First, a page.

until Abu Dhabi Autonomous Racing League


A big IndyCar win tally doesn’t guarantee you a title

by Jack Benyon
3 min read

until Abu Dhabi Autonomous Racing League

Josef Newgarden has now achieved something that has only been done one other time in the last 10 years: he’s won five races in an IndyCar season.

When the narrative of the strong level of competition in IndyCar is rammed down our throats on an almost weekly basis, a winning percentage that high – Newgarden’s won one-third of the races so far in 2022 – seems outrageous.

But it’s not a simple story and it doesn’t guarantee a championship. Team Penske driver Newgarden doesn’t even lead the points after that fifth win.

Since 2008 and the reunification of the IndyCar Series, at least one driver has won five or more races in five separate seasons. Three of those drivers became champion, though in one campaign two drivers scored five wins, so inevitably one missed out.

In the other two seasons, the driver with those wins did not take the title.

Scott Dixon, 6 wins, won title

Dixon & Dario Franchitti, 5 wins, Franchitti won title

Will Power, 5 wins, Franchitti won title

Will Power, 6 wins, Franchitti won title

Simon Pagenaud, 5 wins, won title

Given the driver with the big win tally but no title in both 2010 and 2011 was Will Power (pictured below heading for Edmonton victory in ’11), perhaps it shows how far the Australian has come that he is now favourite to deny Newgarden in 2022 despite having only one win so far. Power leads the standings by three points going into the final two rounds at Portland and Laguna Seca over the next two weekends.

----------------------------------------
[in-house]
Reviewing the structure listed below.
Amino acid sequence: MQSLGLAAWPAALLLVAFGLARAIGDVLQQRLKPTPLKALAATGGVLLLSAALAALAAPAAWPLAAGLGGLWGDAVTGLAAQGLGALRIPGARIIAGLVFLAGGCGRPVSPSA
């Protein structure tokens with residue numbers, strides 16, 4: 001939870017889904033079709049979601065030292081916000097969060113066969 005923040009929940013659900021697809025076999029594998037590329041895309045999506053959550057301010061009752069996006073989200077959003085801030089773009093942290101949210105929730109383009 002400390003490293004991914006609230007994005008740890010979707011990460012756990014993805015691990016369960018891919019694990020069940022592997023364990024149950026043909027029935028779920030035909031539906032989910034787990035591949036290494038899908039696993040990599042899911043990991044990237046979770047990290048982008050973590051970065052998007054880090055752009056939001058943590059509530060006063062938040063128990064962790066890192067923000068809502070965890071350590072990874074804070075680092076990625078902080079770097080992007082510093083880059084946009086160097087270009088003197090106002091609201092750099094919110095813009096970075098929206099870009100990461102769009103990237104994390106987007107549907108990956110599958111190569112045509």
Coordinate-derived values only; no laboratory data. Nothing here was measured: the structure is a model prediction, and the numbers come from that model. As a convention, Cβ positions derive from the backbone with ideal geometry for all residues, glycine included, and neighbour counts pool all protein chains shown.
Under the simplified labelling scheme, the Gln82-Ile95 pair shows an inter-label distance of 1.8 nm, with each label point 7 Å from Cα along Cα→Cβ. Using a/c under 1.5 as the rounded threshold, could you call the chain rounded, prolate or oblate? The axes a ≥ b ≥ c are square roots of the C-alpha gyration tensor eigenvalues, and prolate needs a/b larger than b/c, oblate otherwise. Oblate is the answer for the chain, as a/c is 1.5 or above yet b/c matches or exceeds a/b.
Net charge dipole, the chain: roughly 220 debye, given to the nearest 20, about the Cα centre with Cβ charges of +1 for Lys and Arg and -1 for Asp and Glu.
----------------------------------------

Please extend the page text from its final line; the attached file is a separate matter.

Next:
Izod Indycar Series, Edmonton

Power’s adapted and tweaked mental approach has allowed him to put bad results and misfortune out of his mind in a quest for a second title that has simultaneously featured him tying Mario Andretti’s IndyCar pole record and having his worst run of career qualifying performances as well.

Perhaps that points to some inconsistency, but Power has turned poor qualifying results into podiums this season and that underpins his efforts.

Maybe the saving grace for Newgarden is that, unlike Power in 2010 and 2011, he isn’t looking for his first title and knows what is required to get it over the line.

Power was up against the might of Dario Franchitti at that time. He no doubt would have gone on to pack his stat sheet full of bewilderingly large numbers had his career not been cut short sooner than some of his rivals like Dixon and Power.

Newgarden knows exactly what it takes to get a title won, this is just a very un-Newgarden-like year in which he and his team have lacked consistency, something that is usually the backbone and a prerequisite of Newgarden’s previous campaigns.

Josefnewgarden Bommaritoautomotivegroup500 By Chrisowens Largeimagewithoutwatermark M68474

Both drivers will test at Portland – somewhere they feel they have struggled, and they tested at Laguna last year – this week in a bid to zero in on a car that can give them the results needed to take the title.

There’s plenty at stake, including the potential to still be beaten by two Ganassi cars with Marcus Ericsson hungry for his first title and Dixon desperate for a seventh.

But winning five races won’t be the thing that gives Newgarden the title, and it’s interesting in a series so competitive that it still isn’t enough.

That’s because consistency is the thing that ultimately provides the foundation for an IndyCar title. The fact that five wins has been achieved only one other time in the last decade shows that the wins are usually shared around more evenly.

It’s been an unusual year for Newgarden and in IndyCar generally. Not winning the title with five wins would make it more unusual, but it certainly isn’t unprecedented.

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